Unlike some of the underwhelming performances in the early part of Ohio State's 2015 season, the 48-3 win over Tulsa saw the Buckeyes turn things around after struggling early.
After the offense failed to score a touchdown in the first half, Mike Weber, Dontre Wilson, and J.T. Barrett (twice) found the end zone in the second half of what became a blowout win in inclement weather. But although many were worried about the team's lackluster early performance after lighting up Bowling Green the week before, Urban Meyer seemed relatively calm in his postgame press conference when asked about the subject.
The Buckeyes showed some flashes before halftime, putting together a pair of nice drives that stalled in disappointing fashion, but also served up four three-and-outs and gave away a fumble on a botched handoff, leaving many Buckeye fans unimpressed. In the second half, however, they flipped the script entirely with four touchdown drives and only two punts.
The secret to this change in fortune can be found directly at the line of scrimmage. Unlike the previous fall, in which the Buckeyes worked through an identity crisis schematically, swapping back and forth between Barrett and Cardale Jones at quarterback, this OSU squad knew exactly what they were supposed to be, having seen what they could do the week before.
But every single opponent that Ohio State will face this year will bring their best effort and game plan to the table, knowing that a big performance against Meyer's squad is a way to get others to know their name. Tulsa was no different, and their defensive front seven clearly had no intention of rolling over aginst one of the nation's top five teams.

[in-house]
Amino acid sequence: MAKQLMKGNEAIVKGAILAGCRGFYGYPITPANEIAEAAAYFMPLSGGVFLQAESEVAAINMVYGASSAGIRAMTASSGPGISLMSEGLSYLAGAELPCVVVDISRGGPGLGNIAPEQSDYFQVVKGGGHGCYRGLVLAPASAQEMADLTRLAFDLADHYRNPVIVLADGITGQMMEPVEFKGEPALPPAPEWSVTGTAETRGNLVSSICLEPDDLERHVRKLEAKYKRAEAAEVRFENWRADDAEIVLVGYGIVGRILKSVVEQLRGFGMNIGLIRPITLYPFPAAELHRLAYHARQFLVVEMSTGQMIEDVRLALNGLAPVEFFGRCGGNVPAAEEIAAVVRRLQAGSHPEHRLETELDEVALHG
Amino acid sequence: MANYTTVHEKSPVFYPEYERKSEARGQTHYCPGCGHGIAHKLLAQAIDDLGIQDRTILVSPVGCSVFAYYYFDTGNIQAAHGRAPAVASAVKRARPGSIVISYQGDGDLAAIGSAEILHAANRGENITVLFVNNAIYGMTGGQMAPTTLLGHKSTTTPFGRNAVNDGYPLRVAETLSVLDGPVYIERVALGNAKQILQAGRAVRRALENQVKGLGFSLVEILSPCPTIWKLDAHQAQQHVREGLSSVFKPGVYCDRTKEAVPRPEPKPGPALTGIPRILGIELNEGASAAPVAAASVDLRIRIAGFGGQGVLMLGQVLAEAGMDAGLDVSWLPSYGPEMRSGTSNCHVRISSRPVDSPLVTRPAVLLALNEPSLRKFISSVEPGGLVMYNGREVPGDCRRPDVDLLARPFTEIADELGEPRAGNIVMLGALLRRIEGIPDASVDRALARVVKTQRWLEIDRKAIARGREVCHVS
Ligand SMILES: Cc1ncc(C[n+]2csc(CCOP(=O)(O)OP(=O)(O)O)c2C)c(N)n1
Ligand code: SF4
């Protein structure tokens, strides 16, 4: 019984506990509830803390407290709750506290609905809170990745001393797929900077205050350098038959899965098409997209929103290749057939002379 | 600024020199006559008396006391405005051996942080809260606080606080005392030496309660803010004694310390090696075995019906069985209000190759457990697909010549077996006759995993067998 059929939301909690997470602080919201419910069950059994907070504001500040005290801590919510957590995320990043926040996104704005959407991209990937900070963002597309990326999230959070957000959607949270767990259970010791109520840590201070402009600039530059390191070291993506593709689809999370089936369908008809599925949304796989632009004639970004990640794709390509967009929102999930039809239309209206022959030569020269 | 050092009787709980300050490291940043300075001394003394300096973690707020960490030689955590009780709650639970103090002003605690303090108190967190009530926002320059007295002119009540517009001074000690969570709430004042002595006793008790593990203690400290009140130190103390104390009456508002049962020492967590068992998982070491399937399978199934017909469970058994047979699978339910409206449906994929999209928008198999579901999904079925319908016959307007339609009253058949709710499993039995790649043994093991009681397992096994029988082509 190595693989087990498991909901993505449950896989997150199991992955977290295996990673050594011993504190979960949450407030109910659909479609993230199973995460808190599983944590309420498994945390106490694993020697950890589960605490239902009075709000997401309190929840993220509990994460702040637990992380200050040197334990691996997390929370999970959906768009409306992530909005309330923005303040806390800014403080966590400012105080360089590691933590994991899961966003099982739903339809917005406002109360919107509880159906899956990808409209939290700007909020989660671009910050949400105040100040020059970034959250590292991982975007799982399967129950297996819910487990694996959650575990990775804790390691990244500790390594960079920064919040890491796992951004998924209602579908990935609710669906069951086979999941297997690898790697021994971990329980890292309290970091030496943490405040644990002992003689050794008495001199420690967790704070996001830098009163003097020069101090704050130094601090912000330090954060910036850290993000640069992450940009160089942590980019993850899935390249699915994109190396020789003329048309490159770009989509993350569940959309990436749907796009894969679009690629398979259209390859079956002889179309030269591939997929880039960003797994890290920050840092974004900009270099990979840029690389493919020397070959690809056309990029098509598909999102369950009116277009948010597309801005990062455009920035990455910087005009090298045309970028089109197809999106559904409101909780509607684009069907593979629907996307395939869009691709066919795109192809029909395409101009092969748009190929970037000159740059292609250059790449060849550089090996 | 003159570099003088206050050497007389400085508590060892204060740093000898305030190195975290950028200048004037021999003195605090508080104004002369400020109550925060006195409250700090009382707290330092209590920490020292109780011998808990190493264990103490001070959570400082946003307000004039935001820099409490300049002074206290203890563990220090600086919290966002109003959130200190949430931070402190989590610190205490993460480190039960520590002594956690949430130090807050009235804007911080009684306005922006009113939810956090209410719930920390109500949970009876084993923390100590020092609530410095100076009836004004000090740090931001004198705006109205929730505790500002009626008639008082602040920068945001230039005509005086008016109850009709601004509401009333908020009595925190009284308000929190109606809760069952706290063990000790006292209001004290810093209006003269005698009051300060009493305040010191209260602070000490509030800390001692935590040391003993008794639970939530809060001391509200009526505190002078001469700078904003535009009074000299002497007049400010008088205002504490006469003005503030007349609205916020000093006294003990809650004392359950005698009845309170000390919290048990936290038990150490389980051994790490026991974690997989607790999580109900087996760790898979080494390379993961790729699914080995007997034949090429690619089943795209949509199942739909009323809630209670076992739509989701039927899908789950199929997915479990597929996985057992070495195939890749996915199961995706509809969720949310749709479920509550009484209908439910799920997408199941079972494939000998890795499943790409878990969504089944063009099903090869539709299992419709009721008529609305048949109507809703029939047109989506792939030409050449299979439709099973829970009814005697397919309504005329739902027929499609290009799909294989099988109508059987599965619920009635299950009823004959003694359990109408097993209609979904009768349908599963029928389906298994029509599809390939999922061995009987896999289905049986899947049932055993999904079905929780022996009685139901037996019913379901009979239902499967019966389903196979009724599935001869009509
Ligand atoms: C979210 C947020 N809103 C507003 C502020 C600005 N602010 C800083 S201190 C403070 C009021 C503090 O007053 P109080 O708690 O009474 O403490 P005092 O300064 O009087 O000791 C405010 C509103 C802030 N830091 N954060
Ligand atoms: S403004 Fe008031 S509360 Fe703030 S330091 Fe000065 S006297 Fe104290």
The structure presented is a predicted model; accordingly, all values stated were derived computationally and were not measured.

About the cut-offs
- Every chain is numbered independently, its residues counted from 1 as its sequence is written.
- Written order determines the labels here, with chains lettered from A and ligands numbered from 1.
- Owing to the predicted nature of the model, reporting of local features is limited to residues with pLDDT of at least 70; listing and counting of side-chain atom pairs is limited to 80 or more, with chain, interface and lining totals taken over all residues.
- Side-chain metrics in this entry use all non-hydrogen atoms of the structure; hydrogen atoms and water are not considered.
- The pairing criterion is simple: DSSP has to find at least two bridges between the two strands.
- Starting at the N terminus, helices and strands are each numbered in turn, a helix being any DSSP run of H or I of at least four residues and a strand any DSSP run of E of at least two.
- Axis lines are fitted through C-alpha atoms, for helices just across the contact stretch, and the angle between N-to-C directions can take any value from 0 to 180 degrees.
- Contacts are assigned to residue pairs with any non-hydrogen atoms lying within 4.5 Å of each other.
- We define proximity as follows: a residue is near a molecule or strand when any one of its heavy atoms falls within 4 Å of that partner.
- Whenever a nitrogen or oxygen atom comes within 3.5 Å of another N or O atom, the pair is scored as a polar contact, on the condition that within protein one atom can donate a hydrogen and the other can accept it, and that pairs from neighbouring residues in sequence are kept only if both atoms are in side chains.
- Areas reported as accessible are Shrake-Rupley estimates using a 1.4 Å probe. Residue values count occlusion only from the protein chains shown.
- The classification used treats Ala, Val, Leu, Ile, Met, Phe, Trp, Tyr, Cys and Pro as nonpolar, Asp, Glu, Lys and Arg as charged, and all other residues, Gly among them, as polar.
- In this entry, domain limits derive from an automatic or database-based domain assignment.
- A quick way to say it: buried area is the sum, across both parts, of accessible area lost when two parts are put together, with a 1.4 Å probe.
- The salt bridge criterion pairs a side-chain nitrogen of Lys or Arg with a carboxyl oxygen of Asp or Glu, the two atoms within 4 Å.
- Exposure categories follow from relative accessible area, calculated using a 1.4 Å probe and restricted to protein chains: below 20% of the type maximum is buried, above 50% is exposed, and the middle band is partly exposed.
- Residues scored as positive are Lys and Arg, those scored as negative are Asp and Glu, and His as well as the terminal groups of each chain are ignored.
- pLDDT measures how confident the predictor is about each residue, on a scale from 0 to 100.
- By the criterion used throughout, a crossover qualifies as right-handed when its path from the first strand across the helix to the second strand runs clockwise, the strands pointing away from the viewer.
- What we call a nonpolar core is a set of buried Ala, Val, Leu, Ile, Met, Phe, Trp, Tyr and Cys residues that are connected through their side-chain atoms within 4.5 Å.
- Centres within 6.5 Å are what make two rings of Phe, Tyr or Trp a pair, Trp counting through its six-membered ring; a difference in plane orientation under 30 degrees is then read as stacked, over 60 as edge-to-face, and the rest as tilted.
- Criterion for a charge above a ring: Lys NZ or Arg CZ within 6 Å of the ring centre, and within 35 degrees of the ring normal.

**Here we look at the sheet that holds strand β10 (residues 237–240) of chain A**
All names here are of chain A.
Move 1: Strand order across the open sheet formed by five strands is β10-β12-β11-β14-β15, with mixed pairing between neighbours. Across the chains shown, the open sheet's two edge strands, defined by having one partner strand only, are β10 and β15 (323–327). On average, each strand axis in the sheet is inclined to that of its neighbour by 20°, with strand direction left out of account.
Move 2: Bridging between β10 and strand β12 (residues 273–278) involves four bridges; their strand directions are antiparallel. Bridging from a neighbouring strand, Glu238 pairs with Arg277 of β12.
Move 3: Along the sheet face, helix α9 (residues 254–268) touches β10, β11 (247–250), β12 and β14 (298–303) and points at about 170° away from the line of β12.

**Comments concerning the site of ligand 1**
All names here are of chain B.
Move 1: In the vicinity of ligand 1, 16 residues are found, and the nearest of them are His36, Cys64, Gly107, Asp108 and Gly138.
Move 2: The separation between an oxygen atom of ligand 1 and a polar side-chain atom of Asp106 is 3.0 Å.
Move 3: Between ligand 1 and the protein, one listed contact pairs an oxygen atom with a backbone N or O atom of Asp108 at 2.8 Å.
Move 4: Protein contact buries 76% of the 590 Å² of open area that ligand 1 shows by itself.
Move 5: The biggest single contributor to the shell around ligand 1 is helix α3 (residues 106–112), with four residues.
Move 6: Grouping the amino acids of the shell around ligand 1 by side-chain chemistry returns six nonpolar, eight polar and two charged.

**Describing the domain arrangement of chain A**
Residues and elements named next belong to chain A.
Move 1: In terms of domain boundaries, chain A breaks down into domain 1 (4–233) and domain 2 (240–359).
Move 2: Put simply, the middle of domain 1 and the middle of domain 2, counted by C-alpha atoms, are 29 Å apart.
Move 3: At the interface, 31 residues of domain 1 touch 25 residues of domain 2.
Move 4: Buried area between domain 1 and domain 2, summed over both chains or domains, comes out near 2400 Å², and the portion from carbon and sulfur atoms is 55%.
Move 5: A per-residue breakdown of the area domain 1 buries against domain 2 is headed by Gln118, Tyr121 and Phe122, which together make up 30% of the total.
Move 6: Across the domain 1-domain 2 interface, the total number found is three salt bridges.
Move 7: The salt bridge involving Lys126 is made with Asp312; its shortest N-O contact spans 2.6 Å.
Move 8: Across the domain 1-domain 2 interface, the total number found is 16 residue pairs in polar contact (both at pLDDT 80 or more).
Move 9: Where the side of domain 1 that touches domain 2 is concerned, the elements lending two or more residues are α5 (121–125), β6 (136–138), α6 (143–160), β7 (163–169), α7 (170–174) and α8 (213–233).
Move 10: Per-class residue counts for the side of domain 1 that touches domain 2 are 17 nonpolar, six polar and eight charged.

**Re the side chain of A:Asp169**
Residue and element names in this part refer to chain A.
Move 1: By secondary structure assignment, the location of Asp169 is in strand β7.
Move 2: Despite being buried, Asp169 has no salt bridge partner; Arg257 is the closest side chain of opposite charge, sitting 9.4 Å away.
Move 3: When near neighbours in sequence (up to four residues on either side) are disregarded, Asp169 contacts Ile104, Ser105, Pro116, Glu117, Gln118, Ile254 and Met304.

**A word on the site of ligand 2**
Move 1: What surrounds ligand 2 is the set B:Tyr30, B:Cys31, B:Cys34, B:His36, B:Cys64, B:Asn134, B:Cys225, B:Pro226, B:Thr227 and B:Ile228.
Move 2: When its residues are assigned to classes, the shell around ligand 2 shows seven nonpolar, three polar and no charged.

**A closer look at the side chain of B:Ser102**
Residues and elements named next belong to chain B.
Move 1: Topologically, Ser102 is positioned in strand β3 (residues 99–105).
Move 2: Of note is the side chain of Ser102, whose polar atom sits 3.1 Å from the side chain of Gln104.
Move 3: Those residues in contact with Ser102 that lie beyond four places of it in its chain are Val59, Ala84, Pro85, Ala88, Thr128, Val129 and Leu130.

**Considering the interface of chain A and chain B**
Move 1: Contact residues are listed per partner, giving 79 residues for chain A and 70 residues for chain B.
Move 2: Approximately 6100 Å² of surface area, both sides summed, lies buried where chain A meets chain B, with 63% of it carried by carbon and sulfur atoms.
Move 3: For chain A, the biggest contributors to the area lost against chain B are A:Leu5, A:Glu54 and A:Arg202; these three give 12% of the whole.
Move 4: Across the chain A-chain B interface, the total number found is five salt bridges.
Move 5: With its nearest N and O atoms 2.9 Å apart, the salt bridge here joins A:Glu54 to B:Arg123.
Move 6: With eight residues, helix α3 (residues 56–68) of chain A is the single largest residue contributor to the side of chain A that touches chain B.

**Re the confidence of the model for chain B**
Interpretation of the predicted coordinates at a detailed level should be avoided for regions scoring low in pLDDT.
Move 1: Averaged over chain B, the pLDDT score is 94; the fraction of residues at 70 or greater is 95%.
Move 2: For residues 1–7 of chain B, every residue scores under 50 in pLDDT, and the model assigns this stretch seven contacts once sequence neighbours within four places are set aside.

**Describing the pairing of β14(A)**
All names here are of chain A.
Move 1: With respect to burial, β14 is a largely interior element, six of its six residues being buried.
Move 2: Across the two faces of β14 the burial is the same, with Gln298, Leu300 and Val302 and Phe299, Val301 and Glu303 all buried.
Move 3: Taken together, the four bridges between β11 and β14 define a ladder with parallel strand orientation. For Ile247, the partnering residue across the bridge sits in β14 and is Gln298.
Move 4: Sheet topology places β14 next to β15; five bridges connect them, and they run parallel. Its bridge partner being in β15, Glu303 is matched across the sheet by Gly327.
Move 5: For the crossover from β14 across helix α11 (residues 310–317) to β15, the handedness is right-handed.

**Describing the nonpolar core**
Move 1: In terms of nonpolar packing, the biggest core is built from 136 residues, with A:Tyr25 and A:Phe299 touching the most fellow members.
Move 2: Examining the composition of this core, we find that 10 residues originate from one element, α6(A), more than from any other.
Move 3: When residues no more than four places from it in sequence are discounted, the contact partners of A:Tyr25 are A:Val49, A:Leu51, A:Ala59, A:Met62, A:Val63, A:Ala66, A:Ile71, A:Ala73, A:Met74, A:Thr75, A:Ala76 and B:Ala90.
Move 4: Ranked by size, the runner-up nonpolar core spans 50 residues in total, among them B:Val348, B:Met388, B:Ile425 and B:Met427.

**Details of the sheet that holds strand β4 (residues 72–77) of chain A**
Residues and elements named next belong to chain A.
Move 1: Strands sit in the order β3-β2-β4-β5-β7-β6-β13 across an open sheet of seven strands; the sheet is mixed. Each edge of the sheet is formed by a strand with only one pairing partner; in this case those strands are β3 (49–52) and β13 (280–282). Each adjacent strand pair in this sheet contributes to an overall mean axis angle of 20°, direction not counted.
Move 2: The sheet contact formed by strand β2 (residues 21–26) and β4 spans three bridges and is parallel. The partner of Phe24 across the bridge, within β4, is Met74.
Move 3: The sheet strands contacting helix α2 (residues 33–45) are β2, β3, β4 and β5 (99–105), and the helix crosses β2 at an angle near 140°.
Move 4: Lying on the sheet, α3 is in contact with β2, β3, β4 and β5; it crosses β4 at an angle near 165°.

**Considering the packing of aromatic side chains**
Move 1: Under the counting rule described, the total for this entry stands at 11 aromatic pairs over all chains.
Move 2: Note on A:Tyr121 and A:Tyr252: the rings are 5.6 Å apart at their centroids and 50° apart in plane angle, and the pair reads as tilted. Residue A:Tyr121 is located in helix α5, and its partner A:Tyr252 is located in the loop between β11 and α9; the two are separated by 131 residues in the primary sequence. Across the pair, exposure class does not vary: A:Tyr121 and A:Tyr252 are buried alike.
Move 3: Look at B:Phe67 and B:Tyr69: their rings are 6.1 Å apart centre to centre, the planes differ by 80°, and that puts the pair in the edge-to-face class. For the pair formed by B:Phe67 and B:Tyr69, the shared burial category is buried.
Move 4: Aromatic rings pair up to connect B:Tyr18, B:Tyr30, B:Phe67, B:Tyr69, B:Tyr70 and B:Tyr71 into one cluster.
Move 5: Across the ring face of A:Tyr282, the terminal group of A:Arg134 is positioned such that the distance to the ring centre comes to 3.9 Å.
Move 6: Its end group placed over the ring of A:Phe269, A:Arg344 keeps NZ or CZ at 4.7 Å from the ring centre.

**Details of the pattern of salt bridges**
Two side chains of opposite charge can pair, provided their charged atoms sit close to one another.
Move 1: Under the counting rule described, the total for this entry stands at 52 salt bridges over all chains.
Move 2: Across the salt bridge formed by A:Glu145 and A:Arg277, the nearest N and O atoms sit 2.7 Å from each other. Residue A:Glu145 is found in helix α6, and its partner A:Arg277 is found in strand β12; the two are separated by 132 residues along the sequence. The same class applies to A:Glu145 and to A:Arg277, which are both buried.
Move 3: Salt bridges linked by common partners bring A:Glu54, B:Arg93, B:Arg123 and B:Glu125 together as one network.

While the Buckeyes seemed intent on establishing their base, tight zone run concept early, Tulsa seemed plenty prepared for the concept. With three down linemen and at least one outside linebacker walked up as a stand-up end, the Golden Hurricane defense regularly gave the OSU line a four or five-man surface to block.
In addition, the interior of the Tulsa line did an excellent job slanting to different gaps, forcing double-teams and keeping Buckeye blockers from getting to any linebackers on the second level.
First-year starters at tackle Jamarco Jones and Isaiah Prince struggled a great deal more in their second starts than their first, each committing penalties and failing to hold their blocks on critical occasions. But the Tulsa defense wasn't simply winning due to a superior effort, however, as they had prepared for this contest and showed up with a plan the young Buckeye offensive line hadn't expected.
According to Barrett, "They have a good defense over there and they did a good job game planning. A lot of pressure that we weren’t ready for, or one of the pressures we weren’t ready for. With that, just kept us on our toes and our base plays we had a hard time running between the tackles because they were doing a lot of twisting. We made adjustments at halftime and did a better job of picking that up in the second half."
While the Buckeyes didn't try to change the core of the game plan too much during the extended halftime break, they did tweak their approach to running the same play concepts. For instance, when running tight zone in the second half, they often did so out of four-receiver sets, spreading out the Tulsa defense and making Barrett's option read much clearer. While there was one less OSU blocker (no tight end), there were fewer defenders near the line, making it easier for the offensive line to identify responsibilities and achieve the critical second level blocks needed to spring some big runs.